by Sharon Kirkey for The Gazette
Bilingualism helps protect the aging brain and may even postpone signs of dementia, a new review of recent studies indicates.
The paper by Canadian researchers, published Thursday, suggests that bilingual people have higher cognitive reserves as they get older. Higher cognitive reserve is associated with a lower risk of Alzheimer’s and other memory-destroying dementias.
More than half the world’s population is bilingual, the researchers write in the journal Trends in Cognitive Sciences. In the United States and Canada, about 20 per cent of the population speaks a language other than English at home.
Lead author and psychologist Ellen Bialystok, of Toronto’s York University, had already begun accumulating evidence that the bilingual advantages seen in children could also be found in healthy adults. In a 2004 study, her team reported that bilingual adults, young and old, performed better than monolinguals on “conflict tasks” — situations where people need to ignore distracting stimuli to perform properly. (Think of driving on a busy highway).
In hundreds of interviews with reporters and science writers, Bialystok said, she kept being asked one question: What about dementia?
In a study published in 2007 involving about 200 Alzheimer’s patients, half of whom were lifelong bilinguals, her team found that the bilingual patients had been diagnosed 4 1/2 years later on in the disease than people who spoke only one language, a difference Bialystock calls “huge.”
Others have recently shown that bilingual Alzheimer’s patents are better able to cope with the disease and can function longer without showing symptoms, even when CT scans of their brains show more advanced “pathology” or disease.
It has to do with cognitive reserve, Bialystok says — “a building up of resilience that comes from certain experience that allows you to cope.
“If what you have to cope with is cognitive impairment from nasty things like Alzheimer’s disease, the finding is that (bilinguals) can appear to function for a longer time than they otherwise would,” she said. “Cognitive reserve is an extra resource that enables you to keep functioning.”
It’s not exactly clear why. But one theory is that managing two different languages boosts brain regions that are critical for general attention and cognitive control.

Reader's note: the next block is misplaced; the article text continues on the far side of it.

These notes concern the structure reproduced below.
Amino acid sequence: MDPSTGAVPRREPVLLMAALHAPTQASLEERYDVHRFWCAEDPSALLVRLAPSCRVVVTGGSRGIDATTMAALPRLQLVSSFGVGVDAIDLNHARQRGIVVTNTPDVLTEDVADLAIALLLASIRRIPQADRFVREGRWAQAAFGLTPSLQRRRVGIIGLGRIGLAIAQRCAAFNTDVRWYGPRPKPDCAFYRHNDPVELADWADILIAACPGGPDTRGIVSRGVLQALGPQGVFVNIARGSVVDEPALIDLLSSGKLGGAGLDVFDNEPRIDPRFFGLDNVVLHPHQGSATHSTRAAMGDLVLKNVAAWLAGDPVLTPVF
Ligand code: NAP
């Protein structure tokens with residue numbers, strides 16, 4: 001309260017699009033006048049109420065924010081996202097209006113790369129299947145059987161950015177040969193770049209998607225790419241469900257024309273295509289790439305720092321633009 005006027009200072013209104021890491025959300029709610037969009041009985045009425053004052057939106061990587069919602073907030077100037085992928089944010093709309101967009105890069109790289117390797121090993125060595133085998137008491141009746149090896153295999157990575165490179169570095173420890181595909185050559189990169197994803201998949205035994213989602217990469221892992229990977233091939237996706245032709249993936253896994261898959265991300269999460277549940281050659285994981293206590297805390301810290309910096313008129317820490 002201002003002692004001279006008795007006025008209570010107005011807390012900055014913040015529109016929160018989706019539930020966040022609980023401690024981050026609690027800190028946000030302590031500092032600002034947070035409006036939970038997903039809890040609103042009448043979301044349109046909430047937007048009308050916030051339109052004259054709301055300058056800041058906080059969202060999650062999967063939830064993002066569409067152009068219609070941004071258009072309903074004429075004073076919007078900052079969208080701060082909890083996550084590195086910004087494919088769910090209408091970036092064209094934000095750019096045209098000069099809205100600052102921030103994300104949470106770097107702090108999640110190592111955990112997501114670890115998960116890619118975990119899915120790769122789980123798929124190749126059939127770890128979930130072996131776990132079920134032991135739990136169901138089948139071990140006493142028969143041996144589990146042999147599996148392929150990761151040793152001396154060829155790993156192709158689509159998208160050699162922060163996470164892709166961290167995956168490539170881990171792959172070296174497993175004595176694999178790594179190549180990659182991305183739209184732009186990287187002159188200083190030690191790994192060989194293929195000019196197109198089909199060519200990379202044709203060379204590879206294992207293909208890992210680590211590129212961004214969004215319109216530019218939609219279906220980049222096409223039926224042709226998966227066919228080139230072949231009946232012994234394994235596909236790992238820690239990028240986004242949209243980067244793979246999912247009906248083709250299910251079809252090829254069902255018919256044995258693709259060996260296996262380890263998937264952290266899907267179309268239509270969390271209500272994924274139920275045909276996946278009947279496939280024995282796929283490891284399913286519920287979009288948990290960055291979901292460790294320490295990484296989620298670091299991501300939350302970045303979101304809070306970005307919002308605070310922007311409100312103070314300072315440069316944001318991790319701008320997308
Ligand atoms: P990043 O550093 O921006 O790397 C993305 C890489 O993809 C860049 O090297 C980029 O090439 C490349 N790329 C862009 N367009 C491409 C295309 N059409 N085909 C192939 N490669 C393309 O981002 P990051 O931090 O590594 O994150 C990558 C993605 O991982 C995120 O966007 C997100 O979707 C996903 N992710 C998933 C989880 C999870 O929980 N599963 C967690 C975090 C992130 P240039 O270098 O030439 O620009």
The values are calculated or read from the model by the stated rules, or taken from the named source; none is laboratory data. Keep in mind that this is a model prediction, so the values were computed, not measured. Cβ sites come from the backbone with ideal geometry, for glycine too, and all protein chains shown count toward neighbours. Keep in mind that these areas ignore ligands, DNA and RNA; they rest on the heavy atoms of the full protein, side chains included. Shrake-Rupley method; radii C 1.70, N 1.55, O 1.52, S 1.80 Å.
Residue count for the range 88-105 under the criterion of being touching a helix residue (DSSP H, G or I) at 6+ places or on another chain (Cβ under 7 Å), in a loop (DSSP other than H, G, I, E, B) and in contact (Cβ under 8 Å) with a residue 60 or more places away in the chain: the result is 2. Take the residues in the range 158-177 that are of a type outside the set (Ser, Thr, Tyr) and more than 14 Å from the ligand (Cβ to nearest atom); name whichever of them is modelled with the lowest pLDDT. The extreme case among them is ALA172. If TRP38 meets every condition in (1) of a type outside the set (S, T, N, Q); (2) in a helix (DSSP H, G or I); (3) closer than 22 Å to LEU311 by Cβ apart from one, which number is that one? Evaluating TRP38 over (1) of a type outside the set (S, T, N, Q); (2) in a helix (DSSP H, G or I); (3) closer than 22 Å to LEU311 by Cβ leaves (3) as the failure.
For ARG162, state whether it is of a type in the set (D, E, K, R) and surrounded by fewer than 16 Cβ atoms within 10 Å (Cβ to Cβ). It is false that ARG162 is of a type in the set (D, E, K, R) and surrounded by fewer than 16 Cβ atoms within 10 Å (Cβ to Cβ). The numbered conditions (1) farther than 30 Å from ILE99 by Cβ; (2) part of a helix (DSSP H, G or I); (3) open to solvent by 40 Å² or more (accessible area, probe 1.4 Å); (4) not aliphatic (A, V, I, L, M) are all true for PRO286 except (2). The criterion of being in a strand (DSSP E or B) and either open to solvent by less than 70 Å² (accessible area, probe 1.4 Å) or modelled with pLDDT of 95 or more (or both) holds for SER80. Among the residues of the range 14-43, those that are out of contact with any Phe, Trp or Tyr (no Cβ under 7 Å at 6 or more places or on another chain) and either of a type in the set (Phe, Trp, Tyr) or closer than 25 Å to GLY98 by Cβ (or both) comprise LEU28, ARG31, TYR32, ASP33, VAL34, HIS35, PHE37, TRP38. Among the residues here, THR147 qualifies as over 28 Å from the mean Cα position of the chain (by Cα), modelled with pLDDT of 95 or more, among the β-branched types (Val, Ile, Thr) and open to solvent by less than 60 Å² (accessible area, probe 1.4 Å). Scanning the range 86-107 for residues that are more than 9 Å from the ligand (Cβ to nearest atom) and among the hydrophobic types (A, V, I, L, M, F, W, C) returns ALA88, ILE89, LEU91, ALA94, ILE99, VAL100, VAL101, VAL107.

“We know that if you know two languages, and that there are two languages you could be speaking at any time, then both of those languages are always active — they’re always kind of ‘available’ in your mind,” she said. ”That means that every time you want to say something or understand something or write something, there’s potential interference from the other language.”
When that happens, the brain’s executive-control system kicks in to manage the conflict between languages.
The executive-control system is the basis for our ability to multi-task and to stay focused on what’s relevant and avoid distraction.
In bilinguals, that brain network gets “massive practice,” said Bialystok, a Distinguished Research Professor at York.
The new science into aging bilingual brains has implications for children. “For parents, one important implication is not to be afraid of languages. You’re not damaging your children if you give them a variety of language experiences,” Bialystok said.
For older adults, “bilingualism is a very powerful road to cognitive reserve, and cognitive reserve is a very powerful defence against dementia,” she said. “It sort of comes for free to a lot of people who only have to keep up their heritage language, or keep up their languages.”
It’s not clear whether learning another language later in life could modify brain processing and give people this resilience in brain reserve.
“Will it make you bilingual if you start learning another language at age 57, or 62 or even 49? Probably not,” Bialystok said.
“But going through the process, which is effortful and requires a lot of sustained attention and a lot of executive control, that process, in its own way, is going to contribute to cognitive reserve.”
According to the Alzheimer’s Society of Canada, more than half a million Canadians have dementia, with roughly 71,000 of those under the age of 65.
The organization estimates that within a generation, about 1.1 million Canadians will be living with some form of dementia.